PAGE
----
Adult students with dyslexia in higher education can receive support for their cognitive needs but may also experience negative emotion such as anxiety due to their dyslexia in connection with their studies. This paper aims to test the hypothesis that adult dyslexic learners have a higher prevalence of academic and social anxiety than their non-dyslexic peers. A quantitative approach was used to measure differences in academic and social anxiety between 102 students with a formal diagnosis of dyslexia compared to 72 students with no history of learning difficulties. Academic and social anxiety was measured in a questionnaire based on the State-Trait Anxiety Inventory. Findings showed that dyslexic students showed statistically significant higher levels of academic, but not social anxiety in comparison to the non-dyslexic sample. Dyslexic students in higher education show academic anxiety levels that are well above what is shown by students without dyslexia. The implications of this for the dyslexia practitioner is that delivery of strategies to deal with anxiety should be seen equally as important, if not more so, than interventions to deal with cognitive difficulties.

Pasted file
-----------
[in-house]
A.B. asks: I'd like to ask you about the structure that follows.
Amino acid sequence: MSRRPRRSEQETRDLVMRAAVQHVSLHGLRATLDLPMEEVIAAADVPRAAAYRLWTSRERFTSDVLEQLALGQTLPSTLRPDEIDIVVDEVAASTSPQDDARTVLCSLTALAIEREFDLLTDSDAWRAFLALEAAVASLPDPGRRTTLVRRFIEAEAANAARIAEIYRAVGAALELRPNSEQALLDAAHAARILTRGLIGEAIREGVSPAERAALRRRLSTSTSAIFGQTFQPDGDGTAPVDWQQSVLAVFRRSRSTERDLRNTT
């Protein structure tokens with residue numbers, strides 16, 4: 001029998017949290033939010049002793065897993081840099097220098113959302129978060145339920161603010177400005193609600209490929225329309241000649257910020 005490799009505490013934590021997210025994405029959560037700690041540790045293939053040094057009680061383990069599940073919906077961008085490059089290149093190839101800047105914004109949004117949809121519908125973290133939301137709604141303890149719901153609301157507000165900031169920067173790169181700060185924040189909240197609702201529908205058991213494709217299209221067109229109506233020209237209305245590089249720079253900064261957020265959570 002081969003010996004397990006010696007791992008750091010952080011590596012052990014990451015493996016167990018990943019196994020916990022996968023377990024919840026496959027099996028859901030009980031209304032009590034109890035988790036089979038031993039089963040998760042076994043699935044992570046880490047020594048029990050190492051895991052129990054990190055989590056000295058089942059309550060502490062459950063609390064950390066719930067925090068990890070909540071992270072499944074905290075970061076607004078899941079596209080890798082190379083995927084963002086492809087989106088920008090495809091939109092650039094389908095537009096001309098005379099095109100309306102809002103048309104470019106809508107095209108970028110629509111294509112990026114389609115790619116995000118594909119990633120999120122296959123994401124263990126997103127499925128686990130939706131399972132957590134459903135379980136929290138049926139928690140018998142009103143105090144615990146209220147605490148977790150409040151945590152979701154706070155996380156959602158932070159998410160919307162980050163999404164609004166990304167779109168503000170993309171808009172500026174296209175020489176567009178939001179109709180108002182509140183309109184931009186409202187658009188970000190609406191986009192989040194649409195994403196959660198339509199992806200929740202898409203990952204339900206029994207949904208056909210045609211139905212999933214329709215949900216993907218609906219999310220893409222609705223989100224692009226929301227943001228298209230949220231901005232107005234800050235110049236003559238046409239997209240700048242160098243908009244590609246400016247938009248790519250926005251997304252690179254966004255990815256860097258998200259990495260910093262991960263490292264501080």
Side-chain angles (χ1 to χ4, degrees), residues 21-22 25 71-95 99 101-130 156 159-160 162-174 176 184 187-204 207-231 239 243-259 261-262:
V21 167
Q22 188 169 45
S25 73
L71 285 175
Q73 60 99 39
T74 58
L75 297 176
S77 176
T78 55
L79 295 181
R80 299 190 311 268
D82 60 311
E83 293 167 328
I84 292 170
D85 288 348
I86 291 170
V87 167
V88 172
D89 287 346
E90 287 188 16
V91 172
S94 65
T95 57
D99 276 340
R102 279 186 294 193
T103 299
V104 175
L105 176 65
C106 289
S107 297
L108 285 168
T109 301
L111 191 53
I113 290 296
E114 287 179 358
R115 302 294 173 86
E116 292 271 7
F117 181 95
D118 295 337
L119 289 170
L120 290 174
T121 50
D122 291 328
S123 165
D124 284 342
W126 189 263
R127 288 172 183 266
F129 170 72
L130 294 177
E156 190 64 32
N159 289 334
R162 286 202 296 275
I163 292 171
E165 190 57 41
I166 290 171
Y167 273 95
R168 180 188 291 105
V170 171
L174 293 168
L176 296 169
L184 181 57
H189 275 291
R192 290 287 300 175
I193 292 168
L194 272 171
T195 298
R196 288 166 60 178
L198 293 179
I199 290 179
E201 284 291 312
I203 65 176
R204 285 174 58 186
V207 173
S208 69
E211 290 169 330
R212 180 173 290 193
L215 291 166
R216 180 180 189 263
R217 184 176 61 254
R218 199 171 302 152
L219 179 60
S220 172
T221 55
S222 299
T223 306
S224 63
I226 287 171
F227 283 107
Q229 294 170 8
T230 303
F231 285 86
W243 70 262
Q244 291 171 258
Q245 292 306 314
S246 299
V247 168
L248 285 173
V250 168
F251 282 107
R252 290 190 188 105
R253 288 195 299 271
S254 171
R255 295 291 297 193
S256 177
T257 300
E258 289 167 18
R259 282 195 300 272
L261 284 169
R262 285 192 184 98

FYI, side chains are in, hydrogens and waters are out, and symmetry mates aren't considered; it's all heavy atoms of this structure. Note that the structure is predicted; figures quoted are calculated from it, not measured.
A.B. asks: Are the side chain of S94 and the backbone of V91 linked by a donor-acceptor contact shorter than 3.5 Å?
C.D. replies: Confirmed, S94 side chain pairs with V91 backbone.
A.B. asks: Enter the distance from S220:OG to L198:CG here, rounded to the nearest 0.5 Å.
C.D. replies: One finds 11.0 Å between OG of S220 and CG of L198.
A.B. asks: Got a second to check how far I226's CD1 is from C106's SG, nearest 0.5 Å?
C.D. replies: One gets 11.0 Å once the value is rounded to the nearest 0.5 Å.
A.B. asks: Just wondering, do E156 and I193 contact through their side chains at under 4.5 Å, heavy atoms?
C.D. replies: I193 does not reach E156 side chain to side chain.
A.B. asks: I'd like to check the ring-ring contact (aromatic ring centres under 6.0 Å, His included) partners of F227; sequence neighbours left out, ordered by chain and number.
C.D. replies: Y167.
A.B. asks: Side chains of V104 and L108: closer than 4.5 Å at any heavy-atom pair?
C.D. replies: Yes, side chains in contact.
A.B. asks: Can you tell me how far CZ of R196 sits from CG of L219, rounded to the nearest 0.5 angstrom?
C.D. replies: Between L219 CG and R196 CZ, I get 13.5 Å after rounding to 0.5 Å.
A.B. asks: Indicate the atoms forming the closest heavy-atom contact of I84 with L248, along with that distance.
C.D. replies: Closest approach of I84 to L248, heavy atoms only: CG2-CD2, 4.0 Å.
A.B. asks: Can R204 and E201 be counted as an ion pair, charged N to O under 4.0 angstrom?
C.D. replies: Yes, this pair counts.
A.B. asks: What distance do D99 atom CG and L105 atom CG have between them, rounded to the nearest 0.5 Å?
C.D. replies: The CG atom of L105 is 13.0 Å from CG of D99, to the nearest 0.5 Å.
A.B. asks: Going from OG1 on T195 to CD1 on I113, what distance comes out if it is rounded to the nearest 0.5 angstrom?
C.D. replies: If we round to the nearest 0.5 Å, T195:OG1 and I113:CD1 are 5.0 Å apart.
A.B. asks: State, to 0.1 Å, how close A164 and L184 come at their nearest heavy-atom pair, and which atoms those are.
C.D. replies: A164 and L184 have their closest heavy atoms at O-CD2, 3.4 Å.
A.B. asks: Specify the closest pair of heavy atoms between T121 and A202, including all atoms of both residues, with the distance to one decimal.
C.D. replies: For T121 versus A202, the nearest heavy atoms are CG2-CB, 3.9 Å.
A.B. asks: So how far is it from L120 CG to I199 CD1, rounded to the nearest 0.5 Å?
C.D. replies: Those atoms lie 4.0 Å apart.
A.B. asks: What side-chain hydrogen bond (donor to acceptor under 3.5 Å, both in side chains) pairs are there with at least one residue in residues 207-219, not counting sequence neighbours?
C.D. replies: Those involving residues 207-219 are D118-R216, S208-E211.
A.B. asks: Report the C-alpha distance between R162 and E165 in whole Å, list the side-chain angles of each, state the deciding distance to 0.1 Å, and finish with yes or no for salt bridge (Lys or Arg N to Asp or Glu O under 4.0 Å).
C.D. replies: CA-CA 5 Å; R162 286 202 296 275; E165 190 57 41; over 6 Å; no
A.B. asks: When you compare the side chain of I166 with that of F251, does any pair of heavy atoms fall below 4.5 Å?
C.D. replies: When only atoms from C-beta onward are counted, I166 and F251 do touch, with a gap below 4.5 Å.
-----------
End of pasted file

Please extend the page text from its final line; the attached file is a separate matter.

Keywords: Quantitative, Anxiety, Academic, Dyslexia, students, University

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994 The Price of Knowledge in the Times of Commodification of Higher Education: A Case Study on the Changing Face of Education

Authors: Joanna Peksa, Faith Dillon-Lee

Abstract: